There was one strange case that was mentioned in major our media, that echoes gangstalking and em phenomena:
    Information is scarce, so it’s easy to translate: 56 year old small town resident went to regional police headquarters and asked to see the chief of police. He wrote a complain that he is said he is being followed or under surveillance (hard to translate without context could be either one or both), he hears strange voices and there is a chip implanted. Man was calm/reserved, but police called the medics since they weren’t convinced of his sanity. In hospital it was decided to send him to psychiatric hospital. After preparation of documents police and man was waiting in the hospital hallway. Knife was already taken from him, but nobody even thought that he might have a gun too. He asked to go to the bathroom. After he entered the bathroom there was a gunshot. After police entered the bathroom they saw man laying on the floor with a gun shot wound in his temple. They found unlicensed revolver next to him. Man was known as one who wrote many unsubstantiated complains and frequent visitor to police headquarters.
    It’s hard to tell if he was frisked and police missed the gun or surrendered knife voluntarily and police didn’t think about frisking him or something else.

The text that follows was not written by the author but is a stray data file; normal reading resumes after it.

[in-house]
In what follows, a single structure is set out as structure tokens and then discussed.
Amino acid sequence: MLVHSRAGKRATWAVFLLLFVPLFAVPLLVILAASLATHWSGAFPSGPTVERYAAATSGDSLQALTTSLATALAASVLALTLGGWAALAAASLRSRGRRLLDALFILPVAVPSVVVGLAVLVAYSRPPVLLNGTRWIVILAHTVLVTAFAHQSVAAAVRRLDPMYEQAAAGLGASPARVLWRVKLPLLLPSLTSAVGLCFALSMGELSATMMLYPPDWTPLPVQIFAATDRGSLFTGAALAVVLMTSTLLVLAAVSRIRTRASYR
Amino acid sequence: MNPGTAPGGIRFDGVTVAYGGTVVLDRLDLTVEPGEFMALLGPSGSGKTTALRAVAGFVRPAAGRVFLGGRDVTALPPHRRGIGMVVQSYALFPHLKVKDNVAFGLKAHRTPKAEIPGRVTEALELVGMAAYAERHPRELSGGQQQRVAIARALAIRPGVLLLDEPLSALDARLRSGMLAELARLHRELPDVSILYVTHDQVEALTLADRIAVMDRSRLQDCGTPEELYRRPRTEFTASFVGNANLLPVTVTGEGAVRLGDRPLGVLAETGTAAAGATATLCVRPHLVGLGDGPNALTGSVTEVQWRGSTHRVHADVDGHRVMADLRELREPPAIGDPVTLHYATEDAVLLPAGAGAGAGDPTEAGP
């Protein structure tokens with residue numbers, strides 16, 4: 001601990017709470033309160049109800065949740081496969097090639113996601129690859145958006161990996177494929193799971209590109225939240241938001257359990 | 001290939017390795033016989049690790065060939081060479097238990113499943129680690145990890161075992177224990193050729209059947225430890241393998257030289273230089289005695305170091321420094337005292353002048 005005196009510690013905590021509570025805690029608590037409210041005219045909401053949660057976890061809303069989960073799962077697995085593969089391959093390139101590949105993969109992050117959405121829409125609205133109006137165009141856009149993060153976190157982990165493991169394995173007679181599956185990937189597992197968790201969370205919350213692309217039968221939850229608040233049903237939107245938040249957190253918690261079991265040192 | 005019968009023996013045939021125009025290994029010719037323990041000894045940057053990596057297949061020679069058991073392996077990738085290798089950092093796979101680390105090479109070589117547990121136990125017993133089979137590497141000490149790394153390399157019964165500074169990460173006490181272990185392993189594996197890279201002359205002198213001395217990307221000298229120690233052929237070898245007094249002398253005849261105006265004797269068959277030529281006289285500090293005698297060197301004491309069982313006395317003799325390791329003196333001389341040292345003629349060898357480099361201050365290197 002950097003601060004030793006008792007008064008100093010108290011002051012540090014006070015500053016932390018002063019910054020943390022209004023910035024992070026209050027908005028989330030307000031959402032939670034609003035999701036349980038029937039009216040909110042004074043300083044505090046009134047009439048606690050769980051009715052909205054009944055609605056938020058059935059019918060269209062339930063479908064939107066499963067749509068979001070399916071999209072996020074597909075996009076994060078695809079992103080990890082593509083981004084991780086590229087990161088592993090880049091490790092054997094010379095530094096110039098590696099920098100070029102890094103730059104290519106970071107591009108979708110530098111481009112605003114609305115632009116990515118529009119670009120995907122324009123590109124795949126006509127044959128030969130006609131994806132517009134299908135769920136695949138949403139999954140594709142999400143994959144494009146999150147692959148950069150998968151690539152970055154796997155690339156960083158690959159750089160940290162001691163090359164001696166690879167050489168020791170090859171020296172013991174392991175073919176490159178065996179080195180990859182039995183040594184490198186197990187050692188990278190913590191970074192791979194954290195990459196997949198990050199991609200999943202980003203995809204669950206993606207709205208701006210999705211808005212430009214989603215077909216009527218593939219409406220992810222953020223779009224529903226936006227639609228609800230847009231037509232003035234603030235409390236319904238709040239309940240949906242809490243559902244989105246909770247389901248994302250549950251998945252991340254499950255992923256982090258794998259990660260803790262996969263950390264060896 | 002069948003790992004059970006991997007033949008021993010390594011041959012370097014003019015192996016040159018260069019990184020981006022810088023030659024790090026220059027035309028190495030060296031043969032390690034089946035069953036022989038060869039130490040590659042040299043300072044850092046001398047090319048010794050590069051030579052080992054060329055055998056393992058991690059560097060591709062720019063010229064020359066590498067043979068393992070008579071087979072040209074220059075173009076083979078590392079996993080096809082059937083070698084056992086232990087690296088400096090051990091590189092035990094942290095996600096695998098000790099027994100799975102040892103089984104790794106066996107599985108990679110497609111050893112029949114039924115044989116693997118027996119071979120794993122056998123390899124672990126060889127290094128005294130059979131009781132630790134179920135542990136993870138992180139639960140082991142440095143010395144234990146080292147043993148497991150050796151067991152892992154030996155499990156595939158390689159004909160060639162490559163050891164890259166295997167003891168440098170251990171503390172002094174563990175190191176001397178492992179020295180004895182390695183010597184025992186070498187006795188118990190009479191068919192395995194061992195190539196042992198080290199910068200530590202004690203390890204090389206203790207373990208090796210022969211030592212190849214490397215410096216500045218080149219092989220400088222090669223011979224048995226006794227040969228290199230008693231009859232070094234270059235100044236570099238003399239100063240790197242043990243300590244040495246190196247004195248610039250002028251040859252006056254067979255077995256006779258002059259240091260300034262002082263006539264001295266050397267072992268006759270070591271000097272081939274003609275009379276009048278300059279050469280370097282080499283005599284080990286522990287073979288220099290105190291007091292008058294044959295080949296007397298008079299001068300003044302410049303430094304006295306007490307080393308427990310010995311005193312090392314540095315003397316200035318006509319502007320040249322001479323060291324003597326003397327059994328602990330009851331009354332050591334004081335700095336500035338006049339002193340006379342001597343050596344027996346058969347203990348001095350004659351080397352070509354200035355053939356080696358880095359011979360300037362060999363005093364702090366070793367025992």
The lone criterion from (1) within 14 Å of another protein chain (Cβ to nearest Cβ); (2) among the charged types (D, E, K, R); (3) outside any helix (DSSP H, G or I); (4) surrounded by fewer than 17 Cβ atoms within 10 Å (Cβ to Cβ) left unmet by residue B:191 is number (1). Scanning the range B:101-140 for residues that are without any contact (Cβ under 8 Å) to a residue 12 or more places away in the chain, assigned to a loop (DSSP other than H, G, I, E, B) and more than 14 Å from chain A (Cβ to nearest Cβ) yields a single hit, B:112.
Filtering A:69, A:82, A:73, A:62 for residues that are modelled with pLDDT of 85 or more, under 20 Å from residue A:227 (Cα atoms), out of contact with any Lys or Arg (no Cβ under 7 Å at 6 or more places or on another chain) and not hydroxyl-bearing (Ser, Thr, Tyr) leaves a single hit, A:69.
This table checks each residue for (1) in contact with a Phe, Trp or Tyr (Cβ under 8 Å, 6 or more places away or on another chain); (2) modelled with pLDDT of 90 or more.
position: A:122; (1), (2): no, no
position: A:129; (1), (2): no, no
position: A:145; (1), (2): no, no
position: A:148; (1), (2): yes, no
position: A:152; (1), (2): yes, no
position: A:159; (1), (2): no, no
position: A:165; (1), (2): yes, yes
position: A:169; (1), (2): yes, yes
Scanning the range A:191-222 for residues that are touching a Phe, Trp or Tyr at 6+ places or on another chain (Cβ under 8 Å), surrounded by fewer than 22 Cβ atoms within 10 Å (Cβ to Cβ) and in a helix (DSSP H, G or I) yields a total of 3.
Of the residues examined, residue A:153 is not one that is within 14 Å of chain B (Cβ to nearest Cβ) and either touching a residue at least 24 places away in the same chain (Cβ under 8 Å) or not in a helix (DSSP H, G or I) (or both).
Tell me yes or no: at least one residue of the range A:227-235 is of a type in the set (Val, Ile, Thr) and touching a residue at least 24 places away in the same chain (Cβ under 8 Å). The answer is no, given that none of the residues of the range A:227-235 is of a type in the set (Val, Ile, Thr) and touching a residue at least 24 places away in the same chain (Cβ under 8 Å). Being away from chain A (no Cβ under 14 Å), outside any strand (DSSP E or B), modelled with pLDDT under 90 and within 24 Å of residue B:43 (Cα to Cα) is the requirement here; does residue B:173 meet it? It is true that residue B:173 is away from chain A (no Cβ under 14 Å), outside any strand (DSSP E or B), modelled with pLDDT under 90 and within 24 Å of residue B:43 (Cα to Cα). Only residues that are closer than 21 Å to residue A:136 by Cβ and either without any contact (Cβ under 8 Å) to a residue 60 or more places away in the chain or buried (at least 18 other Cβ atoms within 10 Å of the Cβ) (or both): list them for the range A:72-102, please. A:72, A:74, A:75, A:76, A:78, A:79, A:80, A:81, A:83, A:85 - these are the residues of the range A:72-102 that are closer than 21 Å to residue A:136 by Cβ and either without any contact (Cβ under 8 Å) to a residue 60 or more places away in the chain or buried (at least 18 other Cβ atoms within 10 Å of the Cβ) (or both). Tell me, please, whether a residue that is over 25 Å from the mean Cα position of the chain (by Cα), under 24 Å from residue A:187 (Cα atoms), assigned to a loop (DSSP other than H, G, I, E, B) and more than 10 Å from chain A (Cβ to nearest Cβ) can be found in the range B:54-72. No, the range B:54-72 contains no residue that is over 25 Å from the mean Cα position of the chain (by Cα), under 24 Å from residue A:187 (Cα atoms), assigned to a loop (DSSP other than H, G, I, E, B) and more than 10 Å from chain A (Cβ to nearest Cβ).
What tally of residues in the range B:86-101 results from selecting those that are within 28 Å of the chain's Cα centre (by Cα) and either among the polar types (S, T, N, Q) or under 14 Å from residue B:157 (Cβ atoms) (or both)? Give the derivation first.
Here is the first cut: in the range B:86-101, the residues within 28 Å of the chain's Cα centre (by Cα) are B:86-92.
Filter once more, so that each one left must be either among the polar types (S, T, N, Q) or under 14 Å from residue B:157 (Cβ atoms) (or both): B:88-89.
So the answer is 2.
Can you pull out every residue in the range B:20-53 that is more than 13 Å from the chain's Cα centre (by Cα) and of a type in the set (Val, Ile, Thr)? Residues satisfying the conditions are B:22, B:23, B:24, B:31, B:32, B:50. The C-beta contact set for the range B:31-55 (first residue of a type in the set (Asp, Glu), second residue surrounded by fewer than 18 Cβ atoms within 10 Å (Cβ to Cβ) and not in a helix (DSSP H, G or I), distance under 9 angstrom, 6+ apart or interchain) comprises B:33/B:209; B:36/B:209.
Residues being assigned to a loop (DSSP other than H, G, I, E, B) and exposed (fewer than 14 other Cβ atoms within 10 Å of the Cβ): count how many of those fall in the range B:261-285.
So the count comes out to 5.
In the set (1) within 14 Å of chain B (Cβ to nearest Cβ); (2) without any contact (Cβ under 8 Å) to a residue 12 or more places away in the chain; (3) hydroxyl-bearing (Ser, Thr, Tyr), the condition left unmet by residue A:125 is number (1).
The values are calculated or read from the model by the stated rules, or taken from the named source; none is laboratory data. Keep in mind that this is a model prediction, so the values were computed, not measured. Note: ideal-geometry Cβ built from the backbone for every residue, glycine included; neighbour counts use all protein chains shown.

3. […] Netherlands police already admitted to using tactics that would be very similar to gangstalking to prevent suspects from adopting radical and extremist views – they call it “disturbing”. Another attempt to put gangstalking in perspective as to how it would be used in broader context as to war on terror,  radicalization and AL-queda. From the bat I just want to put on the record that these ideas are foreign to me and don’t pass any legitimacy test described as a threat to our way of life. And I’m not trying to be oppositional and anti-authority, rather strictly speaking from “evidence based” logic. I’m no expert in geopolitics or military matters and do not try to push any agenda, simply try to look at it critically. Up to this point there is struggle to even prove existence of so called vast terrorism network called “AL-queda”. Of course legitimacy of the claim got achieved over time throughout extensive propaganda by constantly ingraining the belief into public mind by reinforcing it through hysteria and effects on terrorism incidents. It’s pretty much a label or brand, with little to back it up. Yes you can point to some acts of terrorism and claim it as a evidence, but it just as well could be isolated incidents and not related to each other. So my counter argument is similar to what gangstalking victims experience when pointing towards evidence of organized harassment. Terrorism purely as ideology just doesn’t pass any test of cognitive motivation or psyche. Even most insane psychopaths kill with some sort of motivation, not just for joy of killing. Terrorism is just one of the military tools to achieve some sort of goal in destructive fashion and used on both sides of conflict, except in this case another side is undefinable in conventional sense. So am I ignorant about a threat and should investigate more into it as media can’t deliver complex issues without reducing it to digestible content that loses much of the sense. One could say that it appears that western world is experiencing organized stalking of geopolitical proportions where stressors(terrorism) are used to achieve some sort of goal to transform society through incremental steps (if we assume that Al-queda exists and doing it with some sort of logic). If looking from terrorist point of view I have trouble understanding what they achieved and how it’s could be useful for them and what are long term goals. As far as I can tell the only benefactor (profit wise) is military industrial complex. Western society just kept going on apart of being shocked from time to time, the only changes to the way of our lives came from above in a form of protective and restrictive measures. Being killed in terrorism attack statistically is so low that in comparison with other threats (like traffic accident) it’s clearly hyped for political purposes. […]